that the abstract nature of the Due Process Clause is advantageous he writes in dealing not with the machinery of government but with human rights. The absence of formal exactitude or want of fixity of meaning is not an unusual or even regrettable attribute of constitutional provisions even though the concept of due process of law is not final and fixed. These limits are derived from considerations that are fused in the whole nature of our judicial process due process of law is a summarized constitutional guarantee of respect for those personal immunities which are so rooted in the traditions and conscience of our people as to be ranked as fundamental. The words sound good. How do they work out in practice. This is the question this radio series will try most to answer. You will not just hear authoritative opinions on these programs. You will learn about the actual cases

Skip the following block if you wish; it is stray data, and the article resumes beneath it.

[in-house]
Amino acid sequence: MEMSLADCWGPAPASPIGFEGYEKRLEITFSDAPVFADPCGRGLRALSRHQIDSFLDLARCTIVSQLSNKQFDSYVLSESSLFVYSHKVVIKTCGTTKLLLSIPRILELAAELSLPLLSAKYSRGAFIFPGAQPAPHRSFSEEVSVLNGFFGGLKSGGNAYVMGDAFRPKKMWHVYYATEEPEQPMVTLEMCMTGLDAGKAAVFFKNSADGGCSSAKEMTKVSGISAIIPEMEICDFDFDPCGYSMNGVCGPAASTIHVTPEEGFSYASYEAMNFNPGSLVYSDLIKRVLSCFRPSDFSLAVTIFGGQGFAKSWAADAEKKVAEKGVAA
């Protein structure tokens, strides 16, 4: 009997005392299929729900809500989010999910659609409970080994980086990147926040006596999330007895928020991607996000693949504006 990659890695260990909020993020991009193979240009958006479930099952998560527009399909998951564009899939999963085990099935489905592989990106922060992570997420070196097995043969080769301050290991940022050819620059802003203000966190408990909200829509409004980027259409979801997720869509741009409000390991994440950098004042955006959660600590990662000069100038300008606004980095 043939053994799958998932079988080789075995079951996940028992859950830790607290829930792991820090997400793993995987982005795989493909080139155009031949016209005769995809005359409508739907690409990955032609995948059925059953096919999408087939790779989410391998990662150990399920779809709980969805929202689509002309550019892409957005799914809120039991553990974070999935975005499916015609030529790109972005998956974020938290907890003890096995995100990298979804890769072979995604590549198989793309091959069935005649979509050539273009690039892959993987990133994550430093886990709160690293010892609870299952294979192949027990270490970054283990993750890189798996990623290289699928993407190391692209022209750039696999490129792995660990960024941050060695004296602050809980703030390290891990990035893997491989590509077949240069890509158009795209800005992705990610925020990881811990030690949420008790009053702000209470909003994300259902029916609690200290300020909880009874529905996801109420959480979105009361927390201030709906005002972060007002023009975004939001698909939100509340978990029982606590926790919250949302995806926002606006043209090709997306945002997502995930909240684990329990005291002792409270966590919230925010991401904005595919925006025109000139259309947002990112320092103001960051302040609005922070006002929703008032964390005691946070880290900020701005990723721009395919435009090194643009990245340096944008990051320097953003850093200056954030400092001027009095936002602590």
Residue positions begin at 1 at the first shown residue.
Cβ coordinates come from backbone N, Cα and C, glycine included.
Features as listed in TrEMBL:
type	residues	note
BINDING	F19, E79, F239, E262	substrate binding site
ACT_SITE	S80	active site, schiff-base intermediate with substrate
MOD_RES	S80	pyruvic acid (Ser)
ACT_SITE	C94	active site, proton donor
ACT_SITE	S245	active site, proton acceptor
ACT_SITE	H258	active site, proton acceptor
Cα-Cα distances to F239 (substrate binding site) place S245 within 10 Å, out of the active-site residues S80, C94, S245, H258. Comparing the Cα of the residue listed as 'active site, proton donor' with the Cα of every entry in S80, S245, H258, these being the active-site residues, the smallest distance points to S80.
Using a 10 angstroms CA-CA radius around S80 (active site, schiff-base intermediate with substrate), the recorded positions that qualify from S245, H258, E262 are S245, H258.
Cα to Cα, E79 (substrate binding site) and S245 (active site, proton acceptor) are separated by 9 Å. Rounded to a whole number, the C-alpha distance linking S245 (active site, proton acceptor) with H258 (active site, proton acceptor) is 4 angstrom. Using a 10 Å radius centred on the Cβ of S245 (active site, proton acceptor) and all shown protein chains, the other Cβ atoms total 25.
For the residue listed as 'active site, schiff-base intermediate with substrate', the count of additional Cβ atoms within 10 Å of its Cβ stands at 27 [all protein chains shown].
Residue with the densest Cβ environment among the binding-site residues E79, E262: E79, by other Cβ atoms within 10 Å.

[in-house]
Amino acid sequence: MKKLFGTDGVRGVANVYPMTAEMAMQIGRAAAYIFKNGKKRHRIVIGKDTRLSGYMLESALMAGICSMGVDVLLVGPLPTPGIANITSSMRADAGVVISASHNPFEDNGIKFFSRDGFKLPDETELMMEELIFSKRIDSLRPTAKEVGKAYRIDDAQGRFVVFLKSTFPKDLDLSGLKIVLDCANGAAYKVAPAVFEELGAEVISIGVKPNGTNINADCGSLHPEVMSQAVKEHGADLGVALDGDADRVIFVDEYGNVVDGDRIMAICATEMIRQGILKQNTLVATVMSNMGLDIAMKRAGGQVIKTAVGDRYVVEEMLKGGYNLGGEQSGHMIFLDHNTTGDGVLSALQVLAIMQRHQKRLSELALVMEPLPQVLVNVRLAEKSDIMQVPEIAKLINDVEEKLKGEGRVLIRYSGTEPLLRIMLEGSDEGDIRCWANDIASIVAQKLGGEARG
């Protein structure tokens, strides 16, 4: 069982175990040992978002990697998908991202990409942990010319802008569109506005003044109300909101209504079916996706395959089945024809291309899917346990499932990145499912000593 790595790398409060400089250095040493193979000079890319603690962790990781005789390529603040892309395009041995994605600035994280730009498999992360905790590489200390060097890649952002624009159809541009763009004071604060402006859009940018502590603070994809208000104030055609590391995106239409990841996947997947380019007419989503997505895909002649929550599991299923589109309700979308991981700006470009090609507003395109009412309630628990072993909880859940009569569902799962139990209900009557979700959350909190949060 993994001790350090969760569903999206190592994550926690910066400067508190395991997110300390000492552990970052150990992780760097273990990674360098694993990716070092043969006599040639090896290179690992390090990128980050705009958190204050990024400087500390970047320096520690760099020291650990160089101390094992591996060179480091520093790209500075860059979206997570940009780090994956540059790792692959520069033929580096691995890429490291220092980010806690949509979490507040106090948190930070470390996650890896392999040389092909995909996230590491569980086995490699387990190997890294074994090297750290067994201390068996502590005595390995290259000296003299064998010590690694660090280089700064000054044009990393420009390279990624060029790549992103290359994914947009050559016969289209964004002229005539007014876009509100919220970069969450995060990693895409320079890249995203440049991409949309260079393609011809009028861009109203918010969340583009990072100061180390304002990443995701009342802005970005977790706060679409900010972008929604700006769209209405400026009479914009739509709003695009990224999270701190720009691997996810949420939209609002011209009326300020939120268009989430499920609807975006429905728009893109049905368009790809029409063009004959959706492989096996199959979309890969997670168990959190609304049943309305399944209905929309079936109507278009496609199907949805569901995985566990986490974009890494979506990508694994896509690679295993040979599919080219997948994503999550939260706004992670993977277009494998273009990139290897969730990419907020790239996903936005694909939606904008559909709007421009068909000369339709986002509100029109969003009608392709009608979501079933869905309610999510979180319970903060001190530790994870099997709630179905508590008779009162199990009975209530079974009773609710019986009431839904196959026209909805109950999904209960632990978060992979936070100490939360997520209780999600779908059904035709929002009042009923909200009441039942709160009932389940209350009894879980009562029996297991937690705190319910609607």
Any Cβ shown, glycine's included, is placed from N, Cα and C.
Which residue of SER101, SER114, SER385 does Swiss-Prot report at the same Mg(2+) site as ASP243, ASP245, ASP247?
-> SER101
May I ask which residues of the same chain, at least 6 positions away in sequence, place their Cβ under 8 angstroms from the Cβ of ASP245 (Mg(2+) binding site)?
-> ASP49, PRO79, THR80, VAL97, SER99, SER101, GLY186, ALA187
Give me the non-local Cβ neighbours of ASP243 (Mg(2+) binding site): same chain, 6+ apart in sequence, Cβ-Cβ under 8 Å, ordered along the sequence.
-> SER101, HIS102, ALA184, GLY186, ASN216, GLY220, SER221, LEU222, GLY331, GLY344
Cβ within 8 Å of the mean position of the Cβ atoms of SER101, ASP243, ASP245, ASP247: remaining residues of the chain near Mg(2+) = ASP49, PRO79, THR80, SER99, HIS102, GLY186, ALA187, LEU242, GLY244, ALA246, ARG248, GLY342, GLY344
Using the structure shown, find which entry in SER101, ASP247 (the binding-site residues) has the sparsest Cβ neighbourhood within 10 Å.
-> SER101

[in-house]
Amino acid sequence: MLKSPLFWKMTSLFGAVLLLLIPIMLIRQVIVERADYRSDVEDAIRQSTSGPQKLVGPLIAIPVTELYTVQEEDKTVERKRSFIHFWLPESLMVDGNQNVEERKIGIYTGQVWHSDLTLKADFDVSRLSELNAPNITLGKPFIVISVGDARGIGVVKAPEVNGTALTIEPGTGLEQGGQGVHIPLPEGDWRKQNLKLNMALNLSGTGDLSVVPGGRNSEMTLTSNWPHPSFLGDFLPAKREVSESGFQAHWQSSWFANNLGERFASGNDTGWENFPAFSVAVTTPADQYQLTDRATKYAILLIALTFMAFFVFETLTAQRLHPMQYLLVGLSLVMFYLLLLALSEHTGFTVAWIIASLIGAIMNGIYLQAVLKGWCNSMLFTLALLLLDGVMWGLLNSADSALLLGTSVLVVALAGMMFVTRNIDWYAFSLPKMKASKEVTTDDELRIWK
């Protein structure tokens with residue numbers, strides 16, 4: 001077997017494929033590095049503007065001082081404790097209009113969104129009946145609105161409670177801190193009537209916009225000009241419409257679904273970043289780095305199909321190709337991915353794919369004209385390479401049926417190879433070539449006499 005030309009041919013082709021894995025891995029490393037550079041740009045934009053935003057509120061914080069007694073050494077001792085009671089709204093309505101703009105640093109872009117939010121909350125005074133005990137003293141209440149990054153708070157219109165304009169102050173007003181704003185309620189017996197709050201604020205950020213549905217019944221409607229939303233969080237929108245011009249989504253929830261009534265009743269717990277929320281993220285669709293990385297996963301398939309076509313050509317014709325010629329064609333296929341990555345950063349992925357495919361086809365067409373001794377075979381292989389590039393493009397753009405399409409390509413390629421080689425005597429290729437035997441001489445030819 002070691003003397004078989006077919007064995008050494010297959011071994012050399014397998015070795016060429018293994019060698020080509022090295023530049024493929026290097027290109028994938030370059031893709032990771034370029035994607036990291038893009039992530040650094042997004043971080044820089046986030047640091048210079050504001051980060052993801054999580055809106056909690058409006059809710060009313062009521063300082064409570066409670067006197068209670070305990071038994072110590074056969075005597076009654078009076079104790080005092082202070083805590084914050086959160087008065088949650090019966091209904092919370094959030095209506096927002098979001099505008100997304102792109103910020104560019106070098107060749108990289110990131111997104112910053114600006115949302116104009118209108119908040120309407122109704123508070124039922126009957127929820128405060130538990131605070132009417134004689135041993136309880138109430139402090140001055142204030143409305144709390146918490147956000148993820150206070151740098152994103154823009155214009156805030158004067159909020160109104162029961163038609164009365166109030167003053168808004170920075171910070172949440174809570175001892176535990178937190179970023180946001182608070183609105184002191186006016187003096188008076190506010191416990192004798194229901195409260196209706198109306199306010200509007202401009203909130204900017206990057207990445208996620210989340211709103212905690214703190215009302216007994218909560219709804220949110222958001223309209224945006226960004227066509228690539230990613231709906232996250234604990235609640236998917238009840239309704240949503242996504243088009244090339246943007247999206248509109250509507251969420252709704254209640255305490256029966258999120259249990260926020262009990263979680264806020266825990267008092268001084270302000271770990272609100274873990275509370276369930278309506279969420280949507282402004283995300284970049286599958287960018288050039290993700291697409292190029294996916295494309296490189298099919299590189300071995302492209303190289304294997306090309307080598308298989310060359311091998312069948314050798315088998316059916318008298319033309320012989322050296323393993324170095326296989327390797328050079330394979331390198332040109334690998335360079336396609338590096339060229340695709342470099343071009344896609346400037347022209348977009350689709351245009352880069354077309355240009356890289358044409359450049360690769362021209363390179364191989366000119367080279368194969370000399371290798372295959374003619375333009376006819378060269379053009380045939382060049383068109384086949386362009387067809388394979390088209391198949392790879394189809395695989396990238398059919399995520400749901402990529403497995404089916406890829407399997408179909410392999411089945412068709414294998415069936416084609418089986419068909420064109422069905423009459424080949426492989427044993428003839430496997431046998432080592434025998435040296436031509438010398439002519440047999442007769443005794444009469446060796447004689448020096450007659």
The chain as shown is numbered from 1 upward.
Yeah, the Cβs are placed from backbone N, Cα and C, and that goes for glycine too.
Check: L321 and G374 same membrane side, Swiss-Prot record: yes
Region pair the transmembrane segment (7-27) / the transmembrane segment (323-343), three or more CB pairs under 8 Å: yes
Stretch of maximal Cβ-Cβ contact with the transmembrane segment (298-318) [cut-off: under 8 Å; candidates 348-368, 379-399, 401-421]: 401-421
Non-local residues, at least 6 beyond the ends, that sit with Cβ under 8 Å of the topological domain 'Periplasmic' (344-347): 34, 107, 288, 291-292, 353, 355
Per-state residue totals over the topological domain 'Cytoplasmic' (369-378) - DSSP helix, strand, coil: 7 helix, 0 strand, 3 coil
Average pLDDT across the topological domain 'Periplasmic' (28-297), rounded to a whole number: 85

in which the good words are put to the hard test of reality. In some of these cases the individuals faced with infamy and punishment are good ordinary people. Here you will be able to appreciate what is involved because you may feel it could happen to me. In most of our cases however such as our story today you may not see much connection between the defendant and yourself. This is the most important moment then when you face the challenge of the democratic idea. The problem of precedent and the demands of your own conscience and the traditions of decency to be specific. All of these concepts and you were very much involved that morning of July 1st one thousand forty nine when a deputy sheriff in Los Angeles County got a hot tip. This is an authentic version taken from the court records of what actually happened in the case of Roshan versus California. Mike Mike he must have calmed down. Bell It's a day I think I got that